You have written a lot in the past about the U.S. government and forking projects. What the state of this today?
Yes, and project forking is still a big problem. Contractors typically get paid far more if they can convince the government that the software must be rewritten from scratch or must at least be changed and maintained "specially" in a way that will cause the government to pay for all future changes. Also, if the contractor can ensure that the software is unique to that customer, it will be difficult for the government to effectively recompete the contract.
Government employees who are officially managing the project may be smart in general, but they often know little about software. Obviously, managers who don’t understand what they’re managing are often easily fooled. For example, government managers often don’t realize that most software costs are in maintenance and typically do not understand that maintenance costs can be greatly reduced (through sharing) if changes are released back to a larger community.
Part of the problem is that in most agencies, the easy thing to do is to create project-special forks, even though it is almost always the highest-cost and highest-risk approach for maintenance. The data rights clauses are often confusing to non-lawyers, and contractors have strong financial incentives to get exclusive rights to the software, even when they did not pay to develop that software. Review and export control law requirements also encourage people to take the high-cost, high-risk approach.
I am a big fan of the OSS policy created by the Consumer Financial Protection Bureau (CFPB). In the CFPB approach, software developed using government funds must be released as open source software unless a special waiver is granted. You could call this approach "freeing the code by default." Forcing the release of most software as OSS, when it’s developed using government funds, eliminates nearly all of the perverse incentives that government projects otherwise have to cope with. It also makes philosophical sense; if "we the people" paid to have the software developed, then "we the people" should be getting it. The Free the Code website has been arguing for this for years. It makes no sense that we allow contractors to retain special rights over software they did not pay to develop. If the U.S. government released more of its code, it could save a lot of money and have higher quality as well, but it is a big change from today’s processes.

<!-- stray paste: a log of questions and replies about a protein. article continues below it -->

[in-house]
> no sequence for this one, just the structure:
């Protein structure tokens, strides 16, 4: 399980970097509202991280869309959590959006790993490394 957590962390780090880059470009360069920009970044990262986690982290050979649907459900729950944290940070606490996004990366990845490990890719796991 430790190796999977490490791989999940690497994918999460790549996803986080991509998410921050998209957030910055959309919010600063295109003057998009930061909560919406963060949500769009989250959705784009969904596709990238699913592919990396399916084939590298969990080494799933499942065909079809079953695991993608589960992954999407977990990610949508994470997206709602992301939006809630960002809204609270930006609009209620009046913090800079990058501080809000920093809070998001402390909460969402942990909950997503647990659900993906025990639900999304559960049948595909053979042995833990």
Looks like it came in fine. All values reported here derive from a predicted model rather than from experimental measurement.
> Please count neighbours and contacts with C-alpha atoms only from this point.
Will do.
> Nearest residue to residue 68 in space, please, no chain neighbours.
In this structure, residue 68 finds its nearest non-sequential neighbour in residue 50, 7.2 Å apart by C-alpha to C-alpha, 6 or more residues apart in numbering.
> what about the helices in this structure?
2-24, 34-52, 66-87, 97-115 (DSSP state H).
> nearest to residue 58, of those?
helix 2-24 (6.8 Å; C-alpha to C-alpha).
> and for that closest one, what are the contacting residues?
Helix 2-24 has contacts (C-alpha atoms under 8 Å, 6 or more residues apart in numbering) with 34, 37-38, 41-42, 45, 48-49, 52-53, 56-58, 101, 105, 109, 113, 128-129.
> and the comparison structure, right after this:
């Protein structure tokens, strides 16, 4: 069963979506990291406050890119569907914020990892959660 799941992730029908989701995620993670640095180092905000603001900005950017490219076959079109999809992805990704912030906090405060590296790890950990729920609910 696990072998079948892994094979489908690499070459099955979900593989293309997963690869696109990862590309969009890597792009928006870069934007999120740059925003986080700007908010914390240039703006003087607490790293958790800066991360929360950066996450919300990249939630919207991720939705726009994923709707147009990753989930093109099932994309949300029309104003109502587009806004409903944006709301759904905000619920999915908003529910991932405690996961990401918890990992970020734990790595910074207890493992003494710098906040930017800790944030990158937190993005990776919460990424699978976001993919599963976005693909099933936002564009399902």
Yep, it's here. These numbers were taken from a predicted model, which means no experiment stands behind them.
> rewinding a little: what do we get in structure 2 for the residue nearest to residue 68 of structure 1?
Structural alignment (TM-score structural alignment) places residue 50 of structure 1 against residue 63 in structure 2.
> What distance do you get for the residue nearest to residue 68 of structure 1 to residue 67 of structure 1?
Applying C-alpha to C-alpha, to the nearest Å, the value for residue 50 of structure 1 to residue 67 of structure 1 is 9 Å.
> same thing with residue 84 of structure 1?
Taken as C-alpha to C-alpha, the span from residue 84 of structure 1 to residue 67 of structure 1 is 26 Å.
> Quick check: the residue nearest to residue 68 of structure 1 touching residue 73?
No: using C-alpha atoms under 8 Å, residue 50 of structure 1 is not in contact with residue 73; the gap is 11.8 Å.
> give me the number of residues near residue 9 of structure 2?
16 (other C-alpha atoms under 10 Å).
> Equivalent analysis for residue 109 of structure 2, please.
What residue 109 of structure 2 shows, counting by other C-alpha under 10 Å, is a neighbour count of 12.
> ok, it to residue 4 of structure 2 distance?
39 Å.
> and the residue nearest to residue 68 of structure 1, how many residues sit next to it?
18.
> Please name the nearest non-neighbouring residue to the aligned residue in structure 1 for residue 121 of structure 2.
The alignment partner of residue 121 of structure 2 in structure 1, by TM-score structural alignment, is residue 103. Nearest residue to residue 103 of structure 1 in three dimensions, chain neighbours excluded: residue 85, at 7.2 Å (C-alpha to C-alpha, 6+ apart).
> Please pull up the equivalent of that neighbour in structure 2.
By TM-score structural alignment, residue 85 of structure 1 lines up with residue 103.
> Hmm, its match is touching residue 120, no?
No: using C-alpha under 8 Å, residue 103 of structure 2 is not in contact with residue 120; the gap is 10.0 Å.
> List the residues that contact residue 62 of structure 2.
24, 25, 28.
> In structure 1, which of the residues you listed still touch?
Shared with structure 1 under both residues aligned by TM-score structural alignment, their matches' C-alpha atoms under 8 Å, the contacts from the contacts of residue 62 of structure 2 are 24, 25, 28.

What are you most excited about when looking at OSS in the U.S. government?
I’m especially excited about the increasing amount of OSS being released by the U.S. government. These OSS projects are producing the kind of public/private partnerships that are often desired but difficult to achieve. The Consumer Financial Protection Bureau (CFPB) has released a lot of code, and more recently, DARPA has as well. NASA has been releasing OSS for years, and more recently is increasingly using standard OSS licenses instead of the NASA vanity license that is incompatible with industry and the rest of the U.S. government. Many agencies have set up OSS project sites or are actively contributing to various projects. The White House not only uses Drupal, but has released many improvements it’s made. For example, the White House improved Drupal’s accessibility; by releasing that improvement they have probably helped millions of disabled people around the world.